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Nitrous oxide and methane in Atlantic and Mediterranean waters in the Strait of Gibraltar: Air-sea fluxes and inter-basin exchange

M. de la Paz, I.E. Huertas, S. Flecha, A.F. Ríos, F.F. Pérez
Progress in oceanography 2015 v.138 pp. 18-31
autumn, basins, emissions, gas chromatography, gases, methane, nitrous oxide, oceans, seasonal variation, spatial data, spring, surface water, temperature, time series analysis, water flow, winter, Atlantic Ocean, Mediterranean Sea, Strait of Gibraltar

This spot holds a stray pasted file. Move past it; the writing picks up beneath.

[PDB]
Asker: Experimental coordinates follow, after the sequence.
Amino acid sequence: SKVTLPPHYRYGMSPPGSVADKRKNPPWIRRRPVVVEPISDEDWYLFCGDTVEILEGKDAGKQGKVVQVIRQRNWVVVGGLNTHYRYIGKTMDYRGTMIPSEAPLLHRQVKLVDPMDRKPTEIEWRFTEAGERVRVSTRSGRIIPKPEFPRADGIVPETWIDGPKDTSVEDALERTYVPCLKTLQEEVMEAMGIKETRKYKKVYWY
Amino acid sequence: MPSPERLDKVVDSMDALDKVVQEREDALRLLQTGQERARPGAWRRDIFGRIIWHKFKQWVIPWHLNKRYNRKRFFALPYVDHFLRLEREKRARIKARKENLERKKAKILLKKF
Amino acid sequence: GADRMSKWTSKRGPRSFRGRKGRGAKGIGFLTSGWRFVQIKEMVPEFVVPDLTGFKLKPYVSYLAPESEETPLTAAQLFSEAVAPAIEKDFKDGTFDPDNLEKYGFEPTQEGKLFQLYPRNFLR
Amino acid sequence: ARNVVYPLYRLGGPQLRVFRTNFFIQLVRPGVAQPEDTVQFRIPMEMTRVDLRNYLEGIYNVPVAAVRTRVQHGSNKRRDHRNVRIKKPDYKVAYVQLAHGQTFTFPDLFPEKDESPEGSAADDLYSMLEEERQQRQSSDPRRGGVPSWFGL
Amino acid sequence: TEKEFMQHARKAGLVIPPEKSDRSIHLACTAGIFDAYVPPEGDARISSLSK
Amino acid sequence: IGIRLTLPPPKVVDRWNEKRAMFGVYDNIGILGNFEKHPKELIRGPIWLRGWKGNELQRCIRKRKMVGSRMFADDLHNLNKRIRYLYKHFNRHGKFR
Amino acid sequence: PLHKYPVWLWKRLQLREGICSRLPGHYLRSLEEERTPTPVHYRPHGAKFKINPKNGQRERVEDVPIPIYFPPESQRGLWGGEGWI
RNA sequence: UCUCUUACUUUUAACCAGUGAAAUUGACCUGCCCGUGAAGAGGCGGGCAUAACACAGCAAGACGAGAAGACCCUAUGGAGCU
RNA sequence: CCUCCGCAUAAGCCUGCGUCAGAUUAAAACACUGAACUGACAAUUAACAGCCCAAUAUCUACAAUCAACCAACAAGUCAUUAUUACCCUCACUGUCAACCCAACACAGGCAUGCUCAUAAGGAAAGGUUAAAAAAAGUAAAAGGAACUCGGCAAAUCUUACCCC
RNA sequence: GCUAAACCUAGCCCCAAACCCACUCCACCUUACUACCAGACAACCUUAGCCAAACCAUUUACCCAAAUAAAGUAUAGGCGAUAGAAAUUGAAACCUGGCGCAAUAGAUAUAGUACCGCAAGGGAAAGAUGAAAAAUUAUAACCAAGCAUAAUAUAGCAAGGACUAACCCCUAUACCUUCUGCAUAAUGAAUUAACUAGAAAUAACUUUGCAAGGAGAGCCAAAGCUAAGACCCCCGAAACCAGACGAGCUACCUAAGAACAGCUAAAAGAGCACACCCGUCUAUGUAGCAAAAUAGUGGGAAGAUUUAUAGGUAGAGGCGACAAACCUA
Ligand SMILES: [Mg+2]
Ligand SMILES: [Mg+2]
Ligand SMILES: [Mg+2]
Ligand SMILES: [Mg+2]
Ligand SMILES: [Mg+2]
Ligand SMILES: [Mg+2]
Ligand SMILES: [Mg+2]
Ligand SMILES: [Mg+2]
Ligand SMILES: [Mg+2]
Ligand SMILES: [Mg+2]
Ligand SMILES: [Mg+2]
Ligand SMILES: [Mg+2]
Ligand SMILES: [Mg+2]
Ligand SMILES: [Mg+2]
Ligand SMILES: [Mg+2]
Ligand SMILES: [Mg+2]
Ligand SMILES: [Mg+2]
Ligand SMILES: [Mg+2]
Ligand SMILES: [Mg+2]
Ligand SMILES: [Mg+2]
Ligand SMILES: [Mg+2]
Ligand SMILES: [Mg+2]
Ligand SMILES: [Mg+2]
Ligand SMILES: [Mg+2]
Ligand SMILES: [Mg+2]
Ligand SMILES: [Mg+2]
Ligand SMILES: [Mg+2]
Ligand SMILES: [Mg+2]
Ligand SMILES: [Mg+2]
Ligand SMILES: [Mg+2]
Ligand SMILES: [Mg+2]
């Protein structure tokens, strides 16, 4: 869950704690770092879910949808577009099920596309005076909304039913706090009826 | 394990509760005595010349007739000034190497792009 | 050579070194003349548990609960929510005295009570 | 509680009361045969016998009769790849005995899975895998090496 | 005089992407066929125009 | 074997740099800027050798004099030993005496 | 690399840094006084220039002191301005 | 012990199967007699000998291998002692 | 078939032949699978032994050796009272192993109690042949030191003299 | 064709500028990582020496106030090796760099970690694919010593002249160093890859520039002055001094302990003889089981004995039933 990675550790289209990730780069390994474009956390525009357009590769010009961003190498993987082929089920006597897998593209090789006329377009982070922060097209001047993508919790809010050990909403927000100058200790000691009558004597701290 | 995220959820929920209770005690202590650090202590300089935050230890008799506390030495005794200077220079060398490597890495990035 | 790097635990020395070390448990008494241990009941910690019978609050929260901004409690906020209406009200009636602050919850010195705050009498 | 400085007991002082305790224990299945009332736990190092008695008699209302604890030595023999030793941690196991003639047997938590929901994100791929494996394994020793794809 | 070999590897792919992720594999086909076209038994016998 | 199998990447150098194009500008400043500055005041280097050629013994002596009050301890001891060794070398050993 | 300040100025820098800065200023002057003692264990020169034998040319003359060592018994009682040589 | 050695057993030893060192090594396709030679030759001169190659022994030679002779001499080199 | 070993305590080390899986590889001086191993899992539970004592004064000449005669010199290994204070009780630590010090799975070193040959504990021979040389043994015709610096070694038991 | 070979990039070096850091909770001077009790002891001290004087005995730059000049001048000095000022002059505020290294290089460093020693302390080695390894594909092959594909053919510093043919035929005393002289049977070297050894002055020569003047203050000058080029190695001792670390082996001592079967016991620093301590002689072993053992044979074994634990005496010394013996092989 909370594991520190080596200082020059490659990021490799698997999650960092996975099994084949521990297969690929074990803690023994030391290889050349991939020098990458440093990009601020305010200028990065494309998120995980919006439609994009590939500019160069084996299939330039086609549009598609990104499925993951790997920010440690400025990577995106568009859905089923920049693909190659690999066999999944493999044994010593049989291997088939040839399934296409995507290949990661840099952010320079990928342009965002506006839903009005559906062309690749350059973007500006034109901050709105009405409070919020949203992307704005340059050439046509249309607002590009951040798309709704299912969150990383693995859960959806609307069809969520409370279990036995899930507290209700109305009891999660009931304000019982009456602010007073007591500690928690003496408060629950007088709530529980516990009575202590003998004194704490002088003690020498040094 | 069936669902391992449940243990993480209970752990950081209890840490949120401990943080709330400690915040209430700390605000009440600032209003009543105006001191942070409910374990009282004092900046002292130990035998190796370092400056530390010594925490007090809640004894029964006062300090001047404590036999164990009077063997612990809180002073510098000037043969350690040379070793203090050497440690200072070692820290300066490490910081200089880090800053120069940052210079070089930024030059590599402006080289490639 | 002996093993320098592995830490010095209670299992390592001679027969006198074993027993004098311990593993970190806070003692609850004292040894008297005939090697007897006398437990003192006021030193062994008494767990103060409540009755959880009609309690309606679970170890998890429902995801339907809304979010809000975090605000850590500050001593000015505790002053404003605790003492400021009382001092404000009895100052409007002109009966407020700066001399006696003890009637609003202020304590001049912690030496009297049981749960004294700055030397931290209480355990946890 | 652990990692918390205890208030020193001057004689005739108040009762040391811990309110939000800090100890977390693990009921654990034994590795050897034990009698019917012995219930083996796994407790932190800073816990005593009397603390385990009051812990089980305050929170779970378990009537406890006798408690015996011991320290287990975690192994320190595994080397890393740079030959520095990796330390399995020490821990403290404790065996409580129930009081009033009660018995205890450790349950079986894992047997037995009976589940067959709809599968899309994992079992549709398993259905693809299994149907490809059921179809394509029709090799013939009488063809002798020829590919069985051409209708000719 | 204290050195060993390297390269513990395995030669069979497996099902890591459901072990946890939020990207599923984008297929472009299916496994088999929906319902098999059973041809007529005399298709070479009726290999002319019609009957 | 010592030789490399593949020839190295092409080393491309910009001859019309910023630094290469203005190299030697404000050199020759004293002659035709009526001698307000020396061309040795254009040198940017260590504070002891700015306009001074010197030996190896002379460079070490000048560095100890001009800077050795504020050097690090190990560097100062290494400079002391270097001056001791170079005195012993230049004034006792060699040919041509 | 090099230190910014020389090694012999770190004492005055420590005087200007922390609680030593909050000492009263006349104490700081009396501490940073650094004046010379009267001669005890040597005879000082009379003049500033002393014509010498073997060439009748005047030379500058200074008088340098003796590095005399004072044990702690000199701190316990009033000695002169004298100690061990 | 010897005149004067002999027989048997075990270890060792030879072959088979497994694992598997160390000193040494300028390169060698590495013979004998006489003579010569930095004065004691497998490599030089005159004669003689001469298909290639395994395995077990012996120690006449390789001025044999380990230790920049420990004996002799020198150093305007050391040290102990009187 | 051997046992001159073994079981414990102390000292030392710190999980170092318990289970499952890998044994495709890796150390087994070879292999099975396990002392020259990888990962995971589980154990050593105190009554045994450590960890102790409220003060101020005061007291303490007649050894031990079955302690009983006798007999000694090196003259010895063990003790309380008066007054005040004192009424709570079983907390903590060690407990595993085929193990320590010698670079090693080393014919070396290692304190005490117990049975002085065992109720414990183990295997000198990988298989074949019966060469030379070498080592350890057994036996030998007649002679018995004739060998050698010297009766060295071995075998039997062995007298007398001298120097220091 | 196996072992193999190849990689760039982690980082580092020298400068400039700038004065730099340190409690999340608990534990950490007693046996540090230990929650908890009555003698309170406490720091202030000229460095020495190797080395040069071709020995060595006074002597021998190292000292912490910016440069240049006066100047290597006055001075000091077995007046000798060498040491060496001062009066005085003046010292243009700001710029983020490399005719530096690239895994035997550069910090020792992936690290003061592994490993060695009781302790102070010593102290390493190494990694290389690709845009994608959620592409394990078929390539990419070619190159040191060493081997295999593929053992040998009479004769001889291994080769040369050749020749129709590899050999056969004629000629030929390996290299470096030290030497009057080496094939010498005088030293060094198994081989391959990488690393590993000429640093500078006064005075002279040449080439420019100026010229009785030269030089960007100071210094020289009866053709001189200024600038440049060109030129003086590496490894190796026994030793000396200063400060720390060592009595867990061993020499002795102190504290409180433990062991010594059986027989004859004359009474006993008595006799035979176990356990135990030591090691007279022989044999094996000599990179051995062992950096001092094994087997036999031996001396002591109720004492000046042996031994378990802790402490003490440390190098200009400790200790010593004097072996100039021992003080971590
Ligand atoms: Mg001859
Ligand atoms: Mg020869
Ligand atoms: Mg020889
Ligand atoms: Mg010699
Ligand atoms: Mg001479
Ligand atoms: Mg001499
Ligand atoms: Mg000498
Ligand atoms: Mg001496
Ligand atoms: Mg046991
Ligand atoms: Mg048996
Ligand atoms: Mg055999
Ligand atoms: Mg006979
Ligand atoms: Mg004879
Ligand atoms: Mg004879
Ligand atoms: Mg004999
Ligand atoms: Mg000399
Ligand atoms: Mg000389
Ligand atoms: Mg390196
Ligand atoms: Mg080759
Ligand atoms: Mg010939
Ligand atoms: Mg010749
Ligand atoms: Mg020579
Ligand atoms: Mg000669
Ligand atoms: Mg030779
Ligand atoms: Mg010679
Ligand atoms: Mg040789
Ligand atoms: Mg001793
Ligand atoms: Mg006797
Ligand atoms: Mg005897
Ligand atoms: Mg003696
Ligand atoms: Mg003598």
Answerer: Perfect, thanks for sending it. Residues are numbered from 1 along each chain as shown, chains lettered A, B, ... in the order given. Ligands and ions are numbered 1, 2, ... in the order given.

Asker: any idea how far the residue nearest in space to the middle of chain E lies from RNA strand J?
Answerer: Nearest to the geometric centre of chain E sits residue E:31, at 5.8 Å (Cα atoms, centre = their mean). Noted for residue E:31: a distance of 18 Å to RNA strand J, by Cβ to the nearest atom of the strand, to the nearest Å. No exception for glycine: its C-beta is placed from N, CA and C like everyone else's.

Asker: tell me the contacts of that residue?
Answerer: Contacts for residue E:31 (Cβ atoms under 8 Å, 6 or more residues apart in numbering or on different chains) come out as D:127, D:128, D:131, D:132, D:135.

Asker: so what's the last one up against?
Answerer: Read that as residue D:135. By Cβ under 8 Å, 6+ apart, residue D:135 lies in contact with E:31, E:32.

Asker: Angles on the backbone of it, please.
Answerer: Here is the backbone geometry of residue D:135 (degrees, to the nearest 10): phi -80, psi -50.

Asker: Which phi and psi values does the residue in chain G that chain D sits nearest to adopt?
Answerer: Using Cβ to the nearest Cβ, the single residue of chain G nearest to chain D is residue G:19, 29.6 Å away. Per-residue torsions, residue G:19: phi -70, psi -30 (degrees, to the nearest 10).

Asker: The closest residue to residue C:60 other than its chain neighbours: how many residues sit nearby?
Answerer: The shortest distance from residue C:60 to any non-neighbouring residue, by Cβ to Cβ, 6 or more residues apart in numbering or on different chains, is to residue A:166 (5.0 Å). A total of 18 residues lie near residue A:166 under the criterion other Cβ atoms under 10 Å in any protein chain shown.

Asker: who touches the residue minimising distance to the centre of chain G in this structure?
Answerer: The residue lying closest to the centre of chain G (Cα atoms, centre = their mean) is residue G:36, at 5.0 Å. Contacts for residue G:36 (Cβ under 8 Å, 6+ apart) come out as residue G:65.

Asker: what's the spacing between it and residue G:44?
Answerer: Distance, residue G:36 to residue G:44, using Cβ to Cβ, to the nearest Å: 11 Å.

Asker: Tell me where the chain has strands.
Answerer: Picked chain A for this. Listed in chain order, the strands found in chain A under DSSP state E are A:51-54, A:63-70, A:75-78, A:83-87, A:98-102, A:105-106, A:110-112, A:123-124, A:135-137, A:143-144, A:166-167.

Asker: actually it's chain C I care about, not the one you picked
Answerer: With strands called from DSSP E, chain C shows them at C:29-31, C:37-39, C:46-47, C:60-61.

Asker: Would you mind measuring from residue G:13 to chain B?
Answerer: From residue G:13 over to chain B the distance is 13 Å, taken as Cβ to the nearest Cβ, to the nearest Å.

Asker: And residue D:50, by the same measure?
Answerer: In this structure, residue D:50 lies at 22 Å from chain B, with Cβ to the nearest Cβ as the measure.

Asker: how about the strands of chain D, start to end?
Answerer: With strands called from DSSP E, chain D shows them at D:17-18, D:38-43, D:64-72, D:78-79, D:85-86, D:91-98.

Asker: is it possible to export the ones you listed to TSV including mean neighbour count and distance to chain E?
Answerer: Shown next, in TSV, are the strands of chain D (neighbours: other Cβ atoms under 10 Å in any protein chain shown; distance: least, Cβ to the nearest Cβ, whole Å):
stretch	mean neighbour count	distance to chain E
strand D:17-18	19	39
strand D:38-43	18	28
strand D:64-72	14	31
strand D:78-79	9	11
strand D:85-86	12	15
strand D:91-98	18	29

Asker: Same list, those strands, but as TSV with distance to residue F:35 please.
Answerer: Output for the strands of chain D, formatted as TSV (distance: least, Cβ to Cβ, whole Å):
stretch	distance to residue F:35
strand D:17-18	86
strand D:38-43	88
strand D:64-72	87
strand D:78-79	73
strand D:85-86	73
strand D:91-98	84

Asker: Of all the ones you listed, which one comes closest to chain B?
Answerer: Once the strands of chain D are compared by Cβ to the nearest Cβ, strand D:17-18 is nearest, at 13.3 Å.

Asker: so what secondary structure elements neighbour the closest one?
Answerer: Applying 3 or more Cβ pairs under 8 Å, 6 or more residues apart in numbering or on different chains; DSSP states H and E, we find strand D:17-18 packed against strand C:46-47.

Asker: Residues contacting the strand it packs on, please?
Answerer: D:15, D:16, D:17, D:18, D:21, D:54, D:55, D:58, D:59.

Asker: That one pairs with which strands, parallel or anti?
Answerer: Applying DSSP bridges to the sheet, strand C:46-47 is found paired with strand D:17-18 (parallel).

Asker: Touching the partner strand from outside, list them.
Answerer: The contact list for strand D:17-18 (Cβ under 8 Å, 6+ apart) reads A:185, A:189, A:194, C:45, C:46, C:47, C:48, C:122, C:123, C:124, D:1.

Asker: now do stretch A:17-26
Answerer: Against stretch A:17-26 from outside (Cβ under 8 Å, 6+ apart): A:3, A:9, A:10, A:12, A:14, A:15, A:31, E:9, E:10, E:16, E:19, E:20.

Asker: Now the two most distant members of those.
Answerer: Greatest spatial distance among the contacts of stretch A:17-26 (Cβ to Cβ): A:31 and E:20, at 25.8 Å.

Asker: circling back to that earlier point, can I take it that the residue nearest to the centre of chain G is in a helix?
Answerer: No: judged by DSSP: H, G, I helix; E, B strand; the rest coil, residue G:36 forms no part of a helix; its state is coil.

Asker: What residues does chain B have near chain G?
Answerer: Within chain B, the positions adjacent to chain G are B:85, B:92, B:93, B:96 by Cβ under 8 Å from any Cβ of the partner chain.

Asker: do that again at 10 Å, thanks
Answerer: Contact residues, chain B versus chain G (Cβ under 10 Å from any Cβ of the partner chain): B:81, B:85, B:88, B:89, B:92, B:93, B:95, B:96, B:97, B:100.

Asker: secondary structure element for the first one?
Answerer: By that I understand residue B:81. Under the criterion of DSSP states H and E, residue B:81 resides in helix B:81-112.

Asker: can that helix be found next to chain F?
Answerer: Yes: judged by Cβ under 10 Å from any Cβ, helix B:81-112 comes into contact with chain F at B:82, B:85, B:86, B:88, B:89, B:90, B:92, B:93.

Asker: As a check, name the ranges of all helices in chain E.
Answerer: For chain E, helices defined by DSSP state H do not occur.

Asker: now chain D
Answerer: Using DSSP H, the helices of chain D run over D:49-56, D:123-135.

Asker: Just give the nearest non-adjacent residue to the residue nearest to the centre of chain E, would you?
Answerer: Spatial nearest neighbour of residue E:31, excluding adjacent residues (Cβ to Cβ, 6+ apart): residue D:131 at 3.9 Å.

The global ocean plays an important role in the overall budget of nitrous oxide (N2O) and methane (CH4), as both gases are produced within the ocean and released to the atmosphere. However, for large parts of the open and coastal oceans there is little or no spatial data coverage for N2O and CH4. Hence, a better assessment of marine emissions estimates is necessary. As a contribution to remedying the scarcity of data on marine regions, N2O and CH4 concentrations have been determined in the Strait of Gibraltar at the ocean Fixed Time series (GIFT). During six cruises performed between July 2011 and November 2014 samples were collected at the surface and various depths in the water column, and subsequently measured using gas chromatography. From this we were able to quantify the temporal variability of the gas air-sea exchange in the area and examine the vertical distribution of N2O and CH4 in Atlantic and Mediterranean waters. Results show that surface Atlantic waters are nearly in equilibrium with the atmosphere whereas deeper Mediterranean waters are oversaturated in N2O, and a gradient that gradually increases with depth was detected in the water column. Temperature was found to be the main factor responsible for the seasonal variability of N2O in the surface layer. Furthermore, although CH4 levels did not reveal any feature clearly associated with the circulation of water masses, vertical distributions showed that higher concentrations are generally observed in the Atlantic layer, and that the deeper Mediterranean waters are considerably undersaturated (by up to 50%). Even though surface waters act as a source of atmospheric N2O during certain periods, on an annual basis the net N2O flux in the Strait of Gibraltar is only 0.35±0.27μmolm−2d−1, meaning that these waters are almost in a neutral status with respect to the atmosphere. Seasonally, the region behaves as a slight sink for atmospheric CH4 in winter and as a source in spring and fall. Approximating the circulation pattern in the Strait to a bi-layer scheme, N2O exchange between basins was also calculated, and a net export from the Mediterranean Sea to the Atlantic Ocean equivalent to 39μmolm−2d−1 was found.